Citius Pharmaceuticals Inc. (NASDAQ:CTXR) has announced that it will offer healthcare providers free access to its Mino-Lok under an Expanded Access program as a way of easing burden related to the coronavirus pandemic.
Citius to treat infected central venous catheter under an Expanded Access Program
The company’s Mino-Lok can now treat a central venous catheter infected under the Expanded Access program, which will help minimize the possibility of replacement or removal. Because of the challenges that health facilities are facing, patients, healthcare workers, and the healthcare system stand a chance of massively benefiting from the free access to the Citius Min-Lok solution.
Myron Holubiak, the CEO of the company, indicated that already some of its investigators have indicated that once the FDA approves Min-Lok, they would use it’s considering the current environment. The CEO added that the company is waiting for the final results of its investigational clinical trial before they can begin commercializing Min-Lok. Myron affirmed that they are confident the solution will benefit patients as well as ease burden on hospitals and healthcare system
Min-Lok to help avoid complication sin removing the infected catheter
Citius’ Min-Lok solution is an antibiotic solution used in treating patients with catheter-related bloodstream infections in combination with the right systemic antibiotics. It helps in preserving central venous access and avoids morbidities and complications related to catheter reinsertion and removal.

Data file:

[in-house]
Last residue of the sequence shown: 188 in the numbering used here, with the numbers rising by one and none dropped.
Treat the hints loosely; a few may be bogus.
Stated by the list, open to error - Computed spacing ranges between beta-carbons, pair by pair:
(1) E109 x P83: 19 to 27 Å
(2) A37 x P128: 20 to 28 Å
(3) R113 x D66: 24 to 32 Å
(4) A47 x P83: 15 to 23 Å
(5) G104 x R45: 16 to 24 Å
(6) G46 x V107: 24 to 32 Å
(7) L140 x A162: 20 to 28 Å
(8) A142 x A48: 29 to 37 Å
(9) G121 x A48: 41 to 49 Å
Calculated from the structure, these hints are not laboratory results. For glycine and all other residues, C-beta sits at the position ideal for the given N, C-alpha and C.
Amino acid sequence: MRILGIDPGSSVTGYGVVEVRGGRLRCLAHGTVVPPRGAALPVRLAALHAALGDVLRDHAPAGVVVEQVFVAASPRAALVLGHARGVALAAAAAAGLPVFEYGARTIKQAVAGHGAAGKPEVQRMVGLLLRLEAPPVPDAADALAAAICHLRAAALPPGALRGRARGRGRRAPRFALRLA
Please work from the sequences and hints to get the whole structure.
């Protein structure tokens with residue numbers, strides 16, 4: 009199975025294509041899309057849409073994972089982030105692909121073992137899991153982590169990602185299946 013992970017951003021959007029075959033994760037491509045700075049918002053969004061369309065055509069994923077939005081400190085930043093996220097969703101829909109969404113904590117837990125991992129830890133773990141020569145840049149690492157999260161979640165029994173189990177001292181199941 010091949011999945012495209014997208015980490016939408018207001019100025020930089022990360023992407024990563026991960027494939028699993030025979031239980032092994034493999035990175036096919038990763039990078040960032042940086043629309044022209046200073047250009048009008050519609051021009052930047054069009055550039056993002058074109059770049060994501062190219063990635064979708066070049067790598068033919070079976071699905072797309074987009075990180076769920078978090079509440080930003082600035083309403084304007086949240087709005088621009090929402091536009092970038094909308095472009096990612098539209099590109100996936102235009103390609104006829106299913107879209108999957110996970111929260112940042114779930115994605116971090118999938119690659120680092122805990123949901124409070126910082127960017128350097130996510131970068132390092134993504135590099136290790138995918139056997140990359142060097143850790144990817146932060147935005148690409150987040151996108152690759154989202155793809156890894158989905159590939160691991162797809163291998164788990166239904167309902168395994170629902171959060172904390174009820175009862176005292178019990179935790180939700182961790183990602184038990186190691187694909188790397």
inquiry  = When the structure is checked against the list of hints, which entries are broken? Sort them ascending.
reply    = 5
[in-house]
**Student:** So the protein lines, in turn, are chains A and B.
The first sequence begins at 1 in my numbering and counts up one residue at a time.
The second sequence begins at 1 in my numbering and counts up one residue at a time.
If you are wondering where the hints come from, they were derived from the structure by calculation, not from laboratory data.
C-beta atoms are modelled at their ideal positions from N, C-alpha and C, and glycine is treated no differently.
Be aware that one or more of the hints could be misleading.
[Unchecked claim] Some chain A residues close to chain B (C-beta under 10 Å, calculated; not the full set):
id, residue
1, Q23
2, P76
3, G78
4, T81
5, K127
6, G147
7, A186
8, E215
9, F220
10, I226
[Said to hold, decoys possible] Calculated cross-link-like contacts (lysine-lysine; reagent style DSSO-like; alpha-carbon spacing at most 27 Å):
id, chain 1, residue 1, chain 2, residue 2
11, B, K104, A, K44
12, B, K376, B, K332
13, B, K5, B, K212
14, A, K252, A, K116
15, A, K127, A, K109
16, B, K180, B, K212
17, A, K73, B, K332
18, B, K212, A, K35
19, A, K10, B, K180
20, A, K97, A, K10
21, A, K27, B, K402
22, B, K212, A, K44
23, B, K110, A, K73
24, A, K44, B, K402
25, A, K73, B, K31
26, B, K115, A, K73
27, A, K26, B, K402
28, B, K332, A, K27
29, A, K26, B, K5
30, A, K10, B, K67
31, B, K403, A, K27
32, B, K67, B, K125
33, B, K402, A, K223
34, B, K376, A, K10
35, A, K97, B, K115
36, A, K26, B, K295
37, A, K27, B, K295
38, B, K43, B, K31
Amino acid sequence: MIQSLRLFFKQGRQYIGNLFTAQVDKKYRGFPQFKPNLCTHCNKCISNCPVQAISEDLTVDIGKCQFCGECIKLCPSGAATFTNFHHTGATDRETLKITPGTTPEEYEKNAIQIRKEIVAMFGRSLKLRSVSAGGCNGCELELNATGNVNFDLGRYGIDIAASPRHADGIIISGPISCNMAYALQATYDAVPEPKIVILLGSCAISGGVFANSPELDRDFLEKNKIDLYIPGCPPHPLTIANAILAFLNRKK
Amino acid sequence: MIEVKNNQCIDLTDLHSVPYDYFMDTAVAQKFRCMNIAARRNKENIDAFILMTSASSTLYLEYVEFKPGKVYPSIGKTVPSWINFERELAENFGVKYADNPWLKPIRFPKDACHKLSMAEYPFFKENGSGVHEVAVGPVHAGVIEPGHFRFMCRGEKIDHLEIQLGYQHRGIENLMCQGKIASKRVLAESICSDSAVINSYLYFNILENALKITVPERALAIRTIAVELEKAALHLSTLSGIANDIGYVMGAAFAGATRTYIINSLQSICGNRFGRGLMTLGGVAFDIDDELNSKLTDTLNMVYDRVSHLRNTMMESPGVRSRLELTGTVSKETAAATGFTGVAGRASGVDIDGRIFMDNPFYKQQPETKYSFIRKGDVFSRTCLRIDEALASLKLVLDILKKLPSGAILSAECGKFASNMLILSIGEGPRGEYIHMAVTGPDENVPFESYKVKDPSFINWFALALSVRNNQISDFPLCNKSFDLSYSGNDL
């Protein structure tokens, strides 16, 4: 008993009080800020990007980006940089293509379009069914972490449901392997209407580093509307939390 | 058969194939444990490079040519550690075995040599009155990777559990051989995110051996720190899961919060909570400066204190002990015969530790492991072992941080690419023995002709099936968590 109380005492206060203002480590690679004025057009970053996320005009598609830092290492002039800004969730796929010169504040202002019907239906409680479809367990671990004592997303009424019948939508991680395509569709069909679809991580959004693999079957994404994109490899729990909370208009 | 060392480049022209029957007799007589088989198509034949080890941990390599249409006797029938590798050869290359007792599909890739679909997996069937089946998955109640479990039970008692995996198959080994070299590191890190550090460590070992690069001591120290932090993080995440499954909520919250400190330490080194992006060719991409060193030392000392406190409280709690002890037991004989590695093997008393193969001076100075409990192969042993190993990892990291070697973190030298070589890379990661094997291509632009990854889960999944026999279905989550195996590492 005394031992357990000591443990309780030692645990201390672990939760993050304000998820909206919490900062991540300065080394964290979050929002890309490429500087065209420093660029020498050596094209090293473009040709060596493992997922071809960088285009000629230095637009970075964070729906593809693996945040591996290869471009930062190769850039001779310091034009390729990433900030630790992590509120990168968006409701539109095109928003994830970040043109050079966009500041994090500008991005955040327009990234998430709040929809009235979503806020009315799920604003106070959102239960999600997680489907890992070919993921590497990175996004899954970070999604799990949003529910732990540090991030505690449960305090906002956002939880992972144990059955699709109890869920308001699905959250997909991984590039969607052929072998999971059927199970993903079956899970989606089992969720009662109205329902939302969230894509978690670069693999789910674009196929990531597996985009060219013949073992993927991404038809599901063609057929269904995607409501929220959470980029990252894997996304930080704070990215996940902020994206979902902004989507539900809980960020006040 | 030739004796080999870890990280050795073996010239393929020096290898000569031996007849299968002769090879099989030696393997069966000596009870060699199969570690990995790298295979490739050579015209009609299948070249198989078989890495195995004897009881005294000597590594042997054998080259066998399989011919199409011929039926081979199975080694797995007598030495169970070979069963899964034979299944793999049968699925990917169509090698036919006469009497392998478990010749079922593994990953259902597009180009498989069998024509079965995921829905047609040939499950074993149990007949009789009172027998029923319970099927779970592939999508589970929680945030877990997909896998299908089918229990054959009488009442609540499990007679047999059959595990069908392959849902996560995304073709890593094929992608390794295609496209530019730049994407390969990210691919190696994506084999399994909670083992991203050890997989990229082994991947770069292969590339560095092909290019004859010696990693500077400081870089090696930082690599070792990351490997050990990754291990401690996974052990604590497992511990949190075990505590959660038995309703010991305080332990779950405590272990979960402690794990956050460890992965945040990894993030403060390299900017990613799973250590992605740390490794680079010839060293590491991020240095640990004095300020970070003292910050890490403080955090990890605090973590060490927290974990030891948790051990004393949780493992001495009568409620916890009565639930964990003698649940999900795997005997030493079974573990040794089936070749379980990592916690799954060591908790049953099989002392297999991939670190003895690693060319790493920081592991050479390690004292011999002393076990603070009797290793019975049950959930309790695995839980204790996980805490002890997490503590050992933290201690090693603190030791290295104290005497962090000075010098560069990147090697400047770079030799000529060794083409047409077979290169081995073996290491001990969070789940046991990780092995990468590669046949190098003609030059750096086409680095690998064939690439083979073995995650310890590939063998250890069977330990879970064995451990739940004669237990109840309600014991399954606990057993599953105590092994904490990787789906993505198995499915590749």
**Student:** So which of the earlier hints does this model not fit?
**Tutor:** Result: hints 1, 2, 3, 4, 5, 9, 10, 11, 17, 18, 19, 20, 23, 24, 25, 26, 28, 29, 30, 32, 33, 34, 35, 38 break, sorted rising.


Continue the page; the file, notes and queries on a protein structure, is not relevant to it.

Currently, Min-Lok is under the third phase of a clinical trial for central line-associated bloodstream infections (CLABSIs) treatment. In February this year, Citius indicated that the study was halfway in terms of subject enrolment. The solution can transform the standard of care that currently requires a procedure when reinserting to remove an infected catheter. Every year there are more than 500,000 CVS of 7 million that are used are infected and result in CLABSIs increasing the risk of patient morbidity as well as medical costs. Currently, there are no treatments that have been approved to salvage infected central venous catheters, and antibiotics cannot penetrate the bacteria-caused biofilm.